I have a group of repeated measurement data, the dependent variable (y) was skewed distribution when I build the GEE, should I transform y to a normal distribution variable first? Or Can I build the GEE directly without any connection functions?

My R program was like:

geeglm(y ~ Times, data=GEEData, id=id, family = gaussian, corstr = "exchangeable")

Lookout, the value of y is skewed distribution.

My GEE result was like:

                   Estimate     Std.err      Wald     Pr(>|W|)
(Intercept)   1.18             1.22        25.48        0
Times1        1.28             1.67        8.07         0
Times2        1.56             1.32        11.5         0
Times3        1.24             1.34        2.42         0.12
sex              -0.47           0.47        1.02         0.31
  • $\begingroup$ Do you mean the pooled distribution of your data or your theorized response variable (conditioned on the predictors)? $\endgroup$ – Dave Apr 28 '20 at 2:16
  • $\begingroup$ I mean the pooled distribution of my data (Y in geeglm(y ~ sex + Times, data=GEEData, id=id, family = gaussian, corstr = "exchangeable"). $\endgroup$ – dbcoffee Apr 28 '20 at 2:49
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    $\begingroup$ The typical assumption about normality in OLS regression is that the error is normal, not the pooled distribution of the response variable (and certainly not of the predictors). In GLMs, there's not even that assumption about the error term. $\endgroup$ – Dave May 20 '20 at 20:31

GEE doesn't have distributional assumptions on its dependent variable. It's known as a pseudolikelihood method in that it assumes a likelihood (Gaussian in your case), but the likelihood needs not be true. However, transforming a skewed variable can be a good idea in that it can make the prediction more meaningful. Nonetheless, it can sometimes reduce the interpretability of the result. So it's your call on whether to transform or not.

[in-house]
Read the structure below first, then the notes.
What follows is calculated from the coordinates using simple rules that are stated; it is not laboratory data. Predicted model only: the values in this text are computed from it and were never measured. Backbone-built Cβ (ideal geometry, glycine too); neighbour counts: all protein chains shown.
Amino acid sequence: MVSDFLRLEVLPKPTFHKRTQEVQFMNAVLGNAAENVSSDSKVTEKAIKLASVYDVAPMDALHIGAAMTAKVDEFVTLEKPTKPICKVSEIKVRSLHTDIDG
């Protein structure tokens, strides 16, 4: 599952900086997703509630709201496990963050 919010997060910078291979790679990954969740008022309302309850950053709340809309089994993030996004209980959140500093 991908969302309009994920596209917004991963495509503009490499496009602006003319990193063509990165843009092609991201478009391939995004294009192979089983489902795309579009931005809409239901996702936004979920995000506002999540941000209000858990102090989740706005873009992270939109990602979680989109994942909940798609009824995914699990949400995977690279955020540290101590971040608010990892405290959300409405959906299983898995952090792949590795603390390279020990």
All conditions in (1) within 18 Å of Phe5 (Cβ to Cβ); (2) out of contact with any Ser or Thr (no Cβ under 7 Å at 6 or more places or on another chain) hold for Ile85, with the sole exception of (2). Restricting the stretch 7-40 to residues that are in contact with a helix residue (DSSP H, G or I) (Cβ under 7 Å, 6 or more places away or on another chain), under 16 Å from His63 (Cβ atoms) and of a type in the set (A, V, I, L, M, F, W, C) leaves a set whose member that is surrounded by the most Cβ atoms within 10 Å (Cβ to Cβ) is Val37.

• $\begingroup$ Thanks to Tim, but I have one more question, Once I decide to transform the skewed variable, whether I need inverse transform result in order to add the interpretability of the result? For example, I use box-cox to transform Y, and then build a GEE, should I inverse transform the variable "Estimate"? $\endgroup$ – dbcoffee Apr 28 '20 at 3:30
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    $\begingroup$ It's not in general clear how you can "inverse transform" the estimate. For example, if you have a regression of $\log(y)$ on $x$. Your $\beta$ in the regression is the average increase in $\log(y)$ per unit increase in $x$. You may say that for each unit increase in $x$, $y$ is multiplied by $\exp(\beta)$. But I'm not sure what you can do with box-cox. $\endgroup$ – Tim Mak Apr 28 '20 at 5:41
  • $\begingroup$ Thank you very much for your patience to explain, that answered my long-confused questions. I am a non-statistics major worker. :) $\endgroup$ – dbcoffee Apr 28 '20 at 7:29

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